Update on Upper Darby SEPTA Crash
February 2, 2018
This past August, two SEPTA trains collided into one another at the 69th street station in Upper Darby. At least 33 people were injured and required medical treatment. The National Transportation Safety Board (NTSB) is investigating the accident and has not made an official statement; according to managerial staff at SEPTA, there were protective measures in place that were intended to prevent crashes like this one from happening.
The crash was the result of a single car-train hitting into an empty one that was stopped at the 69th street terminal. At least one passenger claimed that the train operator appeared to be “rushed” and that the train seemed like it was speeding towards the end of the terminal before the collision happened. This passenger filed a lawsuit against SEPTA because of the accident as well as injuries he claims he sustained, but neither the transportation agency nor the NTSB has yet confirmed if speed was a factor in the crash.
Although the NTSB and SEPTA have not confirmed that the train was speeding before colliding with the empty passenger car, the speed limits on the tracks approaching 69th street have been changed. Now SEPTA requires a 30 mph speed limit for trains a few minutes out from the station and a 15 mph one after reaching a signal marking the 69th street terminal. Because the speed limits were changed after the accident, it appears as if SEPTA may be trying to prevent future accidents from occurring. And indeed, a SEPTA spokesperson called this move a “proactive measure”.
The plaintiff in the lawsuit against SEPTA not only claims that the train – along with its operator – appeared “rushed”, but also that the train overshot other stops before the accident. According to the individual’s attorney, the train passed one stop, had to reverse to pull up to it, and may have missed another stop completely before the plaintiff boarded. When the crash occurred, the plaintiff was knocked unconscious; his suit alleges that he sustained a concussion as a result.
After the crash, Pennsylvania representative Robert Brady proposed a temporary end to service on the line. Rep. Brady expressed frustration over the lack of answers and said that a continuing investigation is not what helps keep passengers safe, answers and solutions are. Officials from SEPTA have said there is no information that warrants a shutdown of the line, so service is still up and running. In other words, even with no changes made and no real answers as to how and why this accident occurred, business for SEPTA is continuing as usual.
Most train lines have protective systems in place to limit the number of preventable accidents that occur. The one that the Norristown line is equipped with is called an automatic train control – or ATC – system. According to a chief engineering officer with SEPTA, ATC systems have five essential functions. They are:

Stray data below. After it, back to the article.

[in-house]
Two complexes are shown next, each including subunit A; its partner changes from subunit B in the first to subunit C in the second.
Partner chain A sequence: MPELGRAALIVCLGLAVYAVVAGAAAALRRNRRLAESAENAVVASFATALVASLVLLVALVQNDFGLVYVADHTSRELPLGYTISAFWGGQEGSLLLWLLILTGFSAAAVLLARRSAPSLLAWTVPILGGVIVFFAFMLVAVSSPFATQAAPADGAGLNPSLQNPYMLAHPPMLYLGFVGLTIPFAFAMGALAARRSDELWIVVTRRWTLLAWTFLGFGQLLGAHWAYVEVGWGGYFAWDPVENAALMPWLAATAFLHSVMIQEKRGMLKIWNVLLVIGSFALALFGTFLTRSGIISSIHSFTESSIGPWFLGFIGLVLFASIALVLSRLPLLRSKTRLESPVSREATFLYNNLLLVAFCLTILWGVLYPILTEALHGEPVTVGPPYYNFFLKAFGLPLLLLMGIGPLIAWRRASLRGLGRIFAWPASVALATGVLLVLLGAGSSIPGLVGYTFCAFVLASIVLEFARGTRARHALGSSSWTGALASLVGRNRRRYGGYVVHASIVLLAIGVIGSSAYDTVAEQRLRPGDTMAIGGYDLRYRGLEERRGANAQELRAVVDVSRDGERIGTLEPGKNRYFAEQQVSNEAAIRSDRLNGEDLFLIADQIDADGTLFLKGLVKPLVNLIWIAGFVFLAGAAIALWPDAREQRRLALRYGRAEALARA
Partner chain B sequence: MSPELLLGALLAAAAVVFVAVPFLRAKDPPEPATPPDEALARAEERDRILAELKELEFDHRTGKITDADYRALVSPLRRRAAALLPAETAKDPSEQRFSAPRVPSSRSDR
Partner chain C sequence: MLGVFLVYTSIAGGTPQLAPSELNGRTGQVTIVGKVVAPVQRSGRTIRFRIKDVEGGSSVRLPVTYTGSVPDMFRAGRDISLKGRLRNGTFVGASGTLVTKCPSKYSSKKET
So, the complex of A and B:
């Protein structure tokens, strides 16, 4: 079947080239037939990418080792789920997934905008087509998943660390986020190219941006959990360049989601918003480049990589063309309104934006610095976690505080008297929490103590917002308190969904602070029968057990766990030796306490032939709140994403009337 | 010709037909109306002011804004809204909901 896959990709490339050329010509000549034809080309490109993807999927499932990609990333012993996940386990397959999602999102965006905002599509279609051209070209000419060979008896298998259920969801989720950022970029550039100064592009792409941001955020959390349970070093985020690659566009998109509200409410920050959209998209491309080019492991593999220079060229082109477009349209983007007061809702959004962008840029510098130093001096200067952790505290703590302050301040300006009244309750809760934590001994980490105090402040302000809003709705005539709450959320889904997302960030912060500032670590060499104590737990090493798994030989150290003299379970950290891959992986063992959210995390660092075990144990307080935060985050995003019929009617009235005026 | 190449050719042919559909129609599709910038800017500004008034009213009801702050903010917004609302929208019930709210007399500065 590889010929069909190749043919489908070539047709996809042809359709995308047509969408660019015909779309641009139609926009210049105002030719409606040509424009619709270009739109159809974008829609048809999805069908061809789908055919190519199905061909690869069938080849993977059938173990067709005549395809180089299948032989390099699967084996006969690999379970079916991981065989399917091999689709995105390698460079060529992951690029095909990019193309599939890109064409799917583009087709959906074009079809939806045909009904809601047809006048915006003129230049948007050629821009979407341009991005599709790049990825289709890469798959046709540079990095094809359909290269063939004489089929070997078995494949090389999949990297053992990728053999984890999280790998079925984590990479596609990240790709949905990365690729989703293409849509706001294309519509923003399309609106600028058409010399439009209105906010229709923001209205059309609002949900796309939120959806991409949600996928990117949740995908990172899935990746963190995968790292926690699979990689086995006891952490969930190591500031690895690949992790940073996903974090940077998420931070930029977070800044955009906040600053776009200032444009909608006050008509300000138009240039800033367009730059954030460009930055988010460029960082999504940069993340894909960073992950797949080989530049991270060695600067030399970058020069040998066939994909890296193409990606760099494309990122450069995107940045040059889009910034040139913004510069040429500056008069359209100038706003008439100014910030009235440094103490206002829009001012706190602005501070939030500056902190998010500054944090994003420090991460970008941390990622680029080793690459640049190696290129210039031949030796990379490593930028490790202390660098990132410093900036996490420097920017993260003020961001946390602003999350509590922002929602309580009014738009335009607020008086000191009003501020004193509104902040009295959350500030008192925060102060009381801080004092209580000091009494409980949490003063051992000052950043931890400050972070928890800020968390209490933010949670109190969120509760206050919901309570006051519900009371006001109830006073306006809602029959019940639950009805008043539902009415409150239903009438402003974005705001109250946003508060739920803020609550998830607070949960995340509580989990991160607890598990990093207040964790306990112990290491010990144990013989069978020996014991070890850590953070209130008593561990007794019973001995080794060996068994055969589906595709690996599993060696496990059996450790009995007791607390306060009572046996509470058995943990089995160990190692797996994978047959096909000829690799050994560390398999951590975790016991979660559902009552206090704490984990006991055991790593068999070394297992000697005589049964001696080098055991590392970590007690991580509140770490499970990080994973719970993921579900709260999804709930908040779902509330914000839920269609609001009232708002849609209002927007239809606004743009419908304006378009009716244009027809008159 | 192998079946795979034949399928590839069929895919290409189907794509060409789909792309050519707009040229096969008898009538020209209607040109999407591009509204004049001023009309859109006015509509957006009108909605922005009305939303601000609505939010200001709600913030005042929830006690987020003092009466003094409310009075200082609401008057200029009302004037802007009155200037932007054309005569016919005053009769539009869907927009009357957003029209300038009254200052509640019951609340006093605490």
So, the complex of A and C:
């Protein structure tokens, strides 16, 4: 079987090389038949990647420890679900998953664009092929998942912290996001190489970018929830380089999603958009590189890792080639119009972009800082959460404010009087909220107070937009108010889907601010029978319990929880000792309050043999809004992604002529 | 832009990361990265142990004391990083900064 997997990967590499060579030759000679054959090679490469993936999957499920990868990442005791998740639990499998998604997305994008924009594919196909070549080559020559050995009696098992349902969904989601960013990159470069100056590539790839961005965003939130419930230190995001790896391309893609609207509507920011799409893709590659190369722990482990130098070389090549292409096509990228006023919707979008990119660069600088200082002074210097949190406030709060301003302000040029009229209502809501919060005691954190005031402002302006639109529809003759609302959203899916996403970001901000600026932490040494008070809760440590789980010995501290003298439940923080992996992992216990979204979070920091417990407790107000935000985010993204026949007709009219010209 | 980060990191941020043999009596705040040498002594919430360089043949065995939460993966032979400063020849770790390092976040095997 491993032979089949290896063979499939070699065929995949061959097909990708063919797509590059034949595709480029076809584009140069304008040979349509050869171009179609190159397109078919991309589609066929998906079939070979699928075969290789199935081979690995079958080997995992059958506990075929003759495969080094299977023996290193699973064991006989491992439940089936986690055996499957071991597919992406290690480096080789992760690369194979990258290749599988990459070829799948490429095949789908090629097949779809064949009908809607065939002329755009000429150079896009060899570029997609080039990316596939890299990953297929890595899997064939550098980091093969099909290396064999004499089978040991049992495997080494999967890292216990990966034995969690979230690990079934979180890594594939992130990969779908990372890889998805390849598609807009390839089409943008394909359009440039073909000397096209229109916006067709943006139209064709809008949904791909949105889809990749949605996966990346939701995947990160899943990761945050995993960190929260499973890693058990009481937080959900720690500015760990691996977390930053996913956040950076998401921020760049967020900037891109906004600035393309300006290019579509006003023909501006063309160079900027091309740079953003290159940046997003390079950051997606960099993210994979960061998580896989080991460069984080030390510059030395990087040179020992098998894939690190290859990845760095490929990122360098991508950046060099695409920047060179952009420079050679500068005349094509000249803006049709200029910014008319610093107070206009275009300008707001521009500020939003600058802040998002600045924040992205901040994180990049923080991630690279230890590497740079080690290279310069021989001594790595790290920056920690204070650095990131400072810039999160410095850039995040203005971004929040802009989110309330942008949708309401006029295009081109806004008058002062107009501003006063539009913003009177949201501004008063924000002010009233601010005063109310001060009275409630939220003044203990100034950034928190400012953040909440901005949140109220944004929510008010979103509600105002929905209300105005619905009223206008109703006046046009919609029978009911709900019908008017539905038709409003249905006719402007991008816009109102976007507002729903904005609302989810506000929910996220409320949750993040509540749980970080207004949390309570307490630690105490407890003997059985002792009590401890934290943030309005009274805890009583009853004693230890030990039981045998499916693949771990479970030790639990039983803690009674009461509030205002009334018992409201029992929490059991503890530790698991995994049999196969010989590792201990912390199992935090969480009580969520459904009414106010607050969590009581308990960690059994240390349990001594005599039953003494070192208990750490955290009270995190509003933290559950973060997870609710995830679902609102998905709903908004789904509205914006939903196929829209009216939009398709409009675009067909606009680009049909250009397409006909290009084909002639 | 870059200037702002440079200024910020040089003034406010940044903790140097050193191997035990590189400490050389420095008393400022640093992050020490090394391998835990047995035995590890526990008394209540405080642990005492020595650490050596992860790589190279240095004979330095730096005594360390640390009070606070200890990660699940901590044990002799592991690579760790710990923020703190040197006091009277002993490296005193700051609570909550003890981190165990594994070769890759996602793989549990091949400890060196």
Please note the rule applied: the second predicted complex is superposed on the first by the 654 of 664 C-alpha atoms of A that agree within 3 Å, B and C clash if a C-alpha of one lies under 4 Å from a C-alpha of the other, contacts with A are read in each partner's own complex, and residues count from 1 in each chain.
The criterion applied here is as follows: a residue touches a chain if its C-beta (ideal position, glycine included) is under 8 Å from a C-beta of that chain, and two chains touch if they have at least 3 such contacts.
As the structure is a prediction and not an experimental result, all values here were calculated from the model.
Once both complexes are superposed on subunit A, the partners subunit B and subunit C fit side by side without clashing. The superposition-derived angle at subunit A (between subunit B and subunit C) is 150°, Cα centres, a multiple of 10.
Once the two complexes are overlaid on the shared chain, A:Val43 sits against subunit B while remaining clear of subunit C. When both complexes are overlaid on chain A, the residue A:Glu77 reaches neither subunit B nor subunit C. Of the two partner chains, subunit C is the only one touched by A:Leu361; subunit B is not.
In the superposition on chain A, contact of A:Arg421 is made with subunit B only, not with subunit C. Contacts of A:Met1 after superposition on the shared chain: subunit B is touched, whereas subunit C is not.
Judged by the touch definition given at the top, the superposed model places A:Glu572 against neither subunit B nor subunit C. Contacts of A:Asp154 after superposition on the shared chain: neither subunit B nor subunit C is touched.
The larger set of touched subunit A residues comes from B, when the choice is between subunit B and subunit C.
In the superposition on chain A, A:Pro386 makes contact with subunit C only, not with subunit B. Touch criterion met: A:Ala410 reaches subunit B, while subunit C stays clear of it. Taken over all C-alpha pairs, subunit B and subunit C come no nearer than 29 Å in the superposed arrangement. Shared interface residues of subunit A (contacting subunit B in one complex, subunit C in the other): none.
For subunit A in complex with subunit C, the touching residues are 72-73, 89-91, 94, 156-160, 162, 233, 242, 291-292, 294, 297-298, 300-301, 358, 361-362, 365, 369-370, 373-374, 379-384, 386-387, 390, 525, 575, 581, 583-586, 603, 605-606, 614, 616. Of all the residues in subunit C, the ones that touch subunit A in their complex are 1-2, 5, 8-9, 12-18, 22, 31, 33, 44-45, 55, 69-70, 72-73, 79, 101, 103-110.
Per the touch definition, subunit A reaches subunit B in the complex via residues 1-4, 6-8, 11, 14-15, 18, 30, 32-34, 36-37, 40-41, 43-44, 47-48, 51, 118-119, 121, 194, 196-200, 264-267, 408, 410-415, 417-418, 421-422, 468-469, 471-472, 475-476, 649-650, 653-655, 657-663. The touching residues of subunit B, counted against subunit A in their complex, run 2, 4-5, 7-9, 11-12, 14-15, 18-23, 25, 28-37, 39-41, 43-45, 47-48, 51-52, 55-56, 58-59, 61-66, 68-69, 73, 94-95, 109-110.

- Maintaining a safe space between trains;
- Preventing speeding;
- Ensuring full stops at all signals;
- Issuing alerts to trains when there are broken rails, and:
- Keeping railway workers safe
Although the train in question had an ATC system in place at every point along its 13.4-mile route, all SEPTA officials have said so far is that conditions at the end of the line may have affected the system’s effectiveness. Commuters and locals will not have answers on why the crash occurred until the NTSB reveals its complete findings.
Some important questions are why this crash happened, if the automatic train control system functioned properly and what SEPTA could have done to better protect the lives and physical wellbeing of the commuters and workers. This is not the first crash that has happened in the Philadelphia area and it is not the first time that getting answers on exactly what transpired has taken awhile. Just months before the August collision, multiple cars collided into one another at 69th street and 4 people sustained injuries.
Although SEPTA does have positive train control (PTC) systems along some portions of its train lines (such as some of the regional rail routes), there are none in place along the Norristown route. Positive train control systems are often considered more technologically advanced and superior in respect to overall protection. Whether or not SEPTA will update the Norristown train line with PTC systems remains unknown.
A preliminary report from the NTSB indicated that the tracks were wet on the day of the crash – but that the train’s operator had received no report of slippery rails. According to SEPTA, slippery rails alerts aren’t issued unless several complaints have already been received. Although the NTSB has not yet released a full report or indicated the probable cause of the accident, we hope to get more answers in the upcoming months and will continue to keep you updated on this developing story.
Philadelphia Personal Injury Lawyers at Galfand Berger, LLP Representing Injured Individuals Since 1947
If you or a loved one was injured in the Upper Darby SEPTA train crash, please contact our Philadelphia personal injury lawyers at Galfand Berger. With offices located in Philadelphia, Bethlehem, Reading, and Lancaster, we serve clients throughout Pennsylvania and New Jersey. To schedule a consultation, call us at 800-222-8792 or complete our online contact form.